I am not a writer. But sometimes I pretend to be, when the mood strikes me, when something clicks and suddenly my head is filled: a swirling vortex of words, like somebody left the door to the library open in a tornado. It strikes suddenly, so I am racing for pencil and paper to get it all out, set the words free. Sure as I begin, someone walks in and starts talking to me, and the squall evaporates. It retreats as quickly as it arrives, back into the clouds from whence it came. That is my process; my pen is not mighty.
These thoughts plowed into my brain as I lay next to my daughter in bed a few nights ago, sleep arriving, me not daring to move for fear of rousing her. Trying to keep the storm intact, to keep other thoughts from clouding the already roaring downpour. So as soon as her breathing became heavy, I turned on the light, started scribbling on the back of Poetry Magazine - the only blank page at hand. How fitting, since in my youth I pretended wholeheartedly to be a writer, pouring out with unchecked enthusiasm so much angst and passionate emotion. Into stories. Into poetry. Books of it, that I painstakingly typed and illustrated. The last time I read it, years ago, I winced and laughed.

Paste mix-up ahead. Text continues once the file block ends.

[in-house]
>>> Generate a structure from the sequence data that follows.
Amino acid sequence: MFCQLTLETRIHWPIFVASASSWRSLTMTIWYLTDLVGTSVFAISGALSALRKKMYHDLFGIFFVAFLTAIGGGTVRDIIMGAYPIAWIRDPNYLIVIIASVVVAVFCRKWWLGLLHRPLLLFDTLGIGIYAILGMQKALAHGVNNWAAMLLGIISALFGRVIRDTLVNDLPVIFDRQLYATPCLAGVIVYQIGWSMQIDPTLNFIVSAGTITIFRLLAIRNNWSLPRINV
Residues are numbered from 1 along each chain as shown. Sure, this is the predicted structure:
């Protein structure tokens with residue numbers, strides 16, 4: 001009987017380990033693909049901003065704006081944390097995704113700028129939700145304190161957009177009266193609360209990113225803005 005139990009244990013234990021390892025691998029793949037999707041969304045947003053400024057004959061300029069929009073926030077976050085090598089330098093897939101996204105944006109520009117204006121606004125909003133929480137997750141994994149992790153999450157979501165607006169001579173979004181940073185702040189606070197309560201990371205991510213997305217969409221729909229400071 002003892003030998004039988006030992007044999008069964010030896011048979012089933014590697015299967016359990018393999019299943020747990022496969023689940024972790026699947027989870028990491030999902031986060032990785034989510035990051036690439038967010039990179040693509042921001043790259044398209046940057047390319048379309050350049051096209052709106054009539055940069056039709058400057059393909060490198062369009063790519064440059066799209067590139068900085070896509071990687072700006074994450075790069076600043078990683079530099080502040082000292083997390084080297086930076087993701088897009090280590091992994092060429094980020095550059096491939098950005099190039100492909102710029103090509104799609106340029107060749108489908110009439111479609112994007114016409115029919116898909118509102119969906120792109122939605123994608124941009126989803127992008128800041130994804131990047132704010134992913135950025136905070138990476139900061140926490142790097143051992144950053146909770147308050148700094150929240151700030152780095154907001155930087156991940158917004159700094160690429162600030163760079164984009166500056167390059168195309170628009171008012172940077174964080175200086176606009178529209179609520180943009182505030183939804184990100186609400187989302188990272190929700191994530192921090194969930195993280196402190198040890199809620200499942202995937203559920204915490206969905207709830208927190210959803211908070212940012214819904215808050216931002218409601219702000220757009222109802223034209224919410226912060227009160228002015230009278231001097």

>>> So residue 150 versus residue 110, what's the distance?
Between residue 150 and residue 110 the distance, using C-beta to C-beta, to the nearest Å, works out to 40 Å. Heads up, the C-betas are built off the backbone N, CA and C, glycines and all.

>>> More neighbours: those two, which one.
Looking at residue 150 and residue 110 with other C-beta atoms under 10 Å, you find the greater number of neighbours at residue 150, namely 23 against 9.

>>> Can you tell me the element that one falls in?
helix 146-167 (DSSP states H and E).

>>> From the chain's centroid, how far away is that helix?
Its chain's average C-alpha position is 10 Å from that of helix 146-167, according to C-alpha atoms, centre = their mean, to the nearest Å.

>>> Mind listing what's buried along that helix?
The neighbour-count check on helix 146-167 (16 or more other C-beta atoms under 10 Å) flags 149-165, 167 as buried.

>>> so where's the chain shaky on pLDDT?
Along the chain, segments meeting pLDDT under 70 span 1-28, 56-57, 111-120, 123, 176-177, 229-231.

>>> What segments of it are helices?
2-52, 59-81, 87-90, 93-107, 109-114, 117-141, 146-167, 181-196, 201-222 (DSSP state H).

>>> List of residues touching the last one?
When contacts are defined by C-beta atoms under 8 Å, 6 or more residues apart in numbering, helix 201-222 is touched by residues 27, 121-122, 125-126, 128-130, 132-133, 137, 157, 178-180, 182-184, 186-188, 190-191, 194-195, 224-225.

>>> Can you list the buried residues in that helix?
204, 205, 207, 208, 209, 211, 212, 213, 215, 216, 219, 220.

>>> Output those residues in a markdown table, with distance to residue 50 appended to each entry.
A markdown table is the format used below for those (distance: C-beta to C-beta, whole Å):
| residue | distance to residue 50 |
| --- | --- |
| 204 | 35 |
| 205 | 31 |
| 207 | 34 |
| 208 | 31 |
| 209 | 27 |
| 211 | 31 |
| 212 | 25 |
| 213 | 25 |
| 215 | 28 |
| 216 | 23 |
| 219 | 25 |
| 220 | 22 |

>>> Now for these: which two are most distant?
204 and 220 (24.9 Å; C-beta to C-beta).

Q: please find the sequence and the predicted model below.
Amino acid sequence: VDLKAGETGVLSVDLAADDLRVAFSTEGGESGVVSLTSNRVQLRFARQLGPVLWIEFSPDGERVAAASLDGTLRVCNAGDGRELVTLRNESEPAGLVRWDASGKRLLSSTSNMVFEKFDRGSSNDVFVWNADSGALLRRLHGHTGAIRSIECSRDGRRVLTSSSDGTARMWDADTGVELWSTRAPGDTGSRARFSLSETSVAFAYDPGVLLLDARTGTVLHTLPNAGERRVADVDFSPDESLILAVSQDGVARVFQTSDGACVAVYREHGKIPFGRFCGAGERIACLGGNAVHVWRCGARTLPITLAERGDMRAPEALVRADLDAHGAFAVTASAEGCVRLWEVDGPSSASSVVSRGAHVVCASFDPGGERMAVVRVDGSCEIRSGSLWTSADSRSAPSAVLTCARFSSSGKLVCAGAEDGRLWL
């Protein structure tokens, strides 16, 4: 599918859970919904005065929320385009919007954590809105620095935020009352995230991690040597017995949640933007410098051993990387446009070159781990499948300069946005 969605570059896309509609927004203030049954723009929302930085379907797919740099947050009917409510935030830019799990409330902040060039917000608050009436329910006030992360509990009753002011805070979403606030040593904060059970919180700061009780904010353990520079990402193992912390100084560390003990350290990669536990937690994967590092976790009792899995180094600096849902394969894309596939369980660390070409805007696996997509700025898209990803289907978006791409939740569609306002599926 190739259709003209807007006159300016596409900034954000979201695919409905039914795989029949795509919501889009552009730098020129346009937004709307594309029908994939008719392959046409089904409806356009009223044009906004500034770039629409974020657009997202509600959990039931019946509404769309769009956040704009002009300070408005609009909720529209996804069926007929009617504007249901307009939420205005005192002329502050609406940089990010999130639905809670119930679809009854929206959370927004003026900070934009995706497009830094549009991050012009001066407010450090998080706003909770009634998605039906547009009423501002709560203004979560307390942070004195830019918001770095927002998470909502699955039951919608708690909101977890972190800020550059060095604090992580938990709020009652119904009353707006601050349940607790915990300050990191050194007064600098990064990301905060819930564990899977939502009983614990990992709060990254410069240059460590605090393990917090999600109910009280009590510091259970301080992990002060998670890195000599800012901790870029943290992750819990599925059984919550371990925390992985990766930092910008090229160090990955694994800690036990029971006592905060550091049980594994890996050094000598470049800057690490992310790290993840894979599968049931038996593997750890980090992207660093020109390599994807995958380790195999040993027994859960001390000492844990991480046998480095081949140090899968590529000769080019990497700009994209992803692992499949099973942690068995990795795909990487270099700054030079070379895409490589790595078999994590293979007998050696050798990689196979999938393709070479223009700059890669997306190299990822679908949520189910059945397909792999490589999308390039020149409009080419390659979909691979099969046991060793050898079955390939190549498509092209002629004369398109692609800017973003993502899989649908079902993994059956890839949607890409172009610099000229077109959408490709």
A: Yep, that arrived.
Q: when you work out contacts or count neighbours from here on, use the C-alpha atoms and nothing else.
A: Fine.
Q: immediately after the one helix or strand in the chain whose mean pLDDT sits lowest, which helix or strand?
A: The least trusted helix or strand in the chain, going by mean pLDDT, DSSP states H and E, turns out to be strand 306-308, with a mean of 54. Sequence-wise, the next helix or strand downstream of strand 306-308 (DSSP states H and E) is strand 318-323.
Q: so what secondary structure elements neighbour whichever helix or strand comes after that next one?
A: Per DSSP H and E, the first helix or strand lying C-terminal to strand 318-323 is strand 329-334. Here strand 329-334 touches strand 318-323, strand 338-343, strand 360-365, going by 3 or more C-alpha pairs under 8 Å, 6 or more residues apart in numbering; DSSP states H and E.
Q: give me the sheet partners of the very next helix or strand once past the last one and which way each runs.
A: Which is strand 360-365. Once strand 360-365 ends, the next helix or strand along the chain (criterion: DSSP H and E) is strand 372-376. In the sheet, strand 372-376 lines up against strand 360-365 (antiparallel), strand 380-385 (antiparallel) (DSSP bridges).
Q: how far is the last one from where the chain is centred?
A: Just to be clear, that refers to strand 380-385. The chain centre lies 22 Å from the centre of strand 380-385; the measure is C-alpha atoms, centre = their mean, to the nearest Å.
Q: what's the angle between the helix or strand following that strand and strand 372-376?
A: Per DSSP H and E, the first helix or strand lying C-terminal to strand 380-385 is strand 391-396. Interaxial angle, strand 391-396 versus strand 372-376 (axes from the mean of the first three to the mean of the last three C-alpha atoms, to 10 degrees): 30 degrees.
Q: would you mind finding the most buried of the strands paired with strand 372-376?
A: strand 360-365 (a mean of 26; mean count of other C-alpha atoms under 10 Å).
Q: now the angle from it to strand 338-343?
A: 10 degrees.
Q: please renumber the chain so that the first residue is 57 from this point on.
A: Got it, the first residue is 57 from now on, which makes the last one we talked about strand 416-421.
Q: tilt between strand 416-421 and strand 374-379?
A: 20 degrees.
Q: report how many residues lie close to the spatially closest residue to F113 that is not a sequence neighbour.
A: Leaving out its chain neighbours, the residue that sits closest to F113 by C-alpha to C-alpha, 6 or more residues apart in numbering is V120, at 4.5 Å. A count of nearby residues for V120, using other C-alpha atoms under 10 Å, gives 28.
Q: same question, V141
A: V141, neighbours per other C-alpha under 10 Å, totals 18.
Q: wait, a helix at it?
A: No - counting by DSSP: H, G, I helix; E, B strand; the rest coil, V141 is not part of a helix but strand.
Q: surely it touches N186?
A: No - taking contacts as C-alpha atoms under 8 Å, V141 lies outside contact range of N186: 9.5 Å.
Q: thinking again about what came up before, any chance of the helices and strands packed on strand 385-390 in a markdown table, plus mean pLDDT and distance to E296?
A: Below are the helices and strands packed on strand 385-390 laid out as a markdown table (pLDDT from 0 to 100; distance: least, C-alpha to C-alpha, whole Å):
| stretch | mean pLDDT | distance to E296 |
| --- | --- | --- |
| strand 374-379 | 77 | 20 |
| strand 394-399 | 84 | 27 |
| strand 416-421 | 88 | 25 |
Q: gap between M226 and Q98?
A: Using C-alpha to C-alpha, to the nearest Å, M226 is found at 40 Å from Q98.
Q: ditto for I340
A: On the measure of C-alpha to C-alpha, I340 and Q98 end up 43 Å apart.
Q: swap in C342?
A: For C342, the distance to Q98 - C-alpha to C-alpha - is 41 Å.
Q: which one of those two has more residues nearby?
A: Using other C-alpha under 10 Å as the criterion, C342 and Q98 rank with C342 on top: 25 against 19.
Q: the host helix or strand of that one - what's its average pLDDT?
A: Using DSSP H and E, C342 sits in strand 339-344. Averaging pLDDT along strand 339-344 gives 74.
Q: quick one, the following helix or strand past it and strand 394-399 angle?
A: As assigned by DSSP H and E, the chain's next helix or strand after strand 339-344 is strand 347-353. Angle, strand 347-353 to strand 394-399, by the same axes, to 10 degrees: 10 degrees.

What I take away from that time is a memory of my creative writing professor - one day, discussing tattoos, and me declaring my concern that when I got older I would look back at them with regret. And her reply: "I don't know, I think I would look at them and think 'wow, look how cool I was!'" When I asked her if she missed being young (she was hardly old - gah - I hope my question was fueled by relevant and surrounding conversation, because this memory is painfully embarrassing) she said that she didn't, that she wouldn't relive any of it for anything, because it had all brought her to now, and each age was wonderful in itself. So much wisdom.
And I also recall the reasons I quit writing. The time in my life when I was criticized for keeping a journal. The years that beat me down and caused me to shut my creative self away in the dark, since it clearly was not welcome in the company I was keeping. Never underestimate the influence you have over others - good or bad - and never underestimate the power of those who have hurt you in the past to be able to hurt you still. Never underestimate the consequences of denying your creative self a place in your day-to-day.
I am not a photographer, but sometimes I pretend to be, bringing into my lens all the weight of years of family history and human longing. And so the cycle repeats.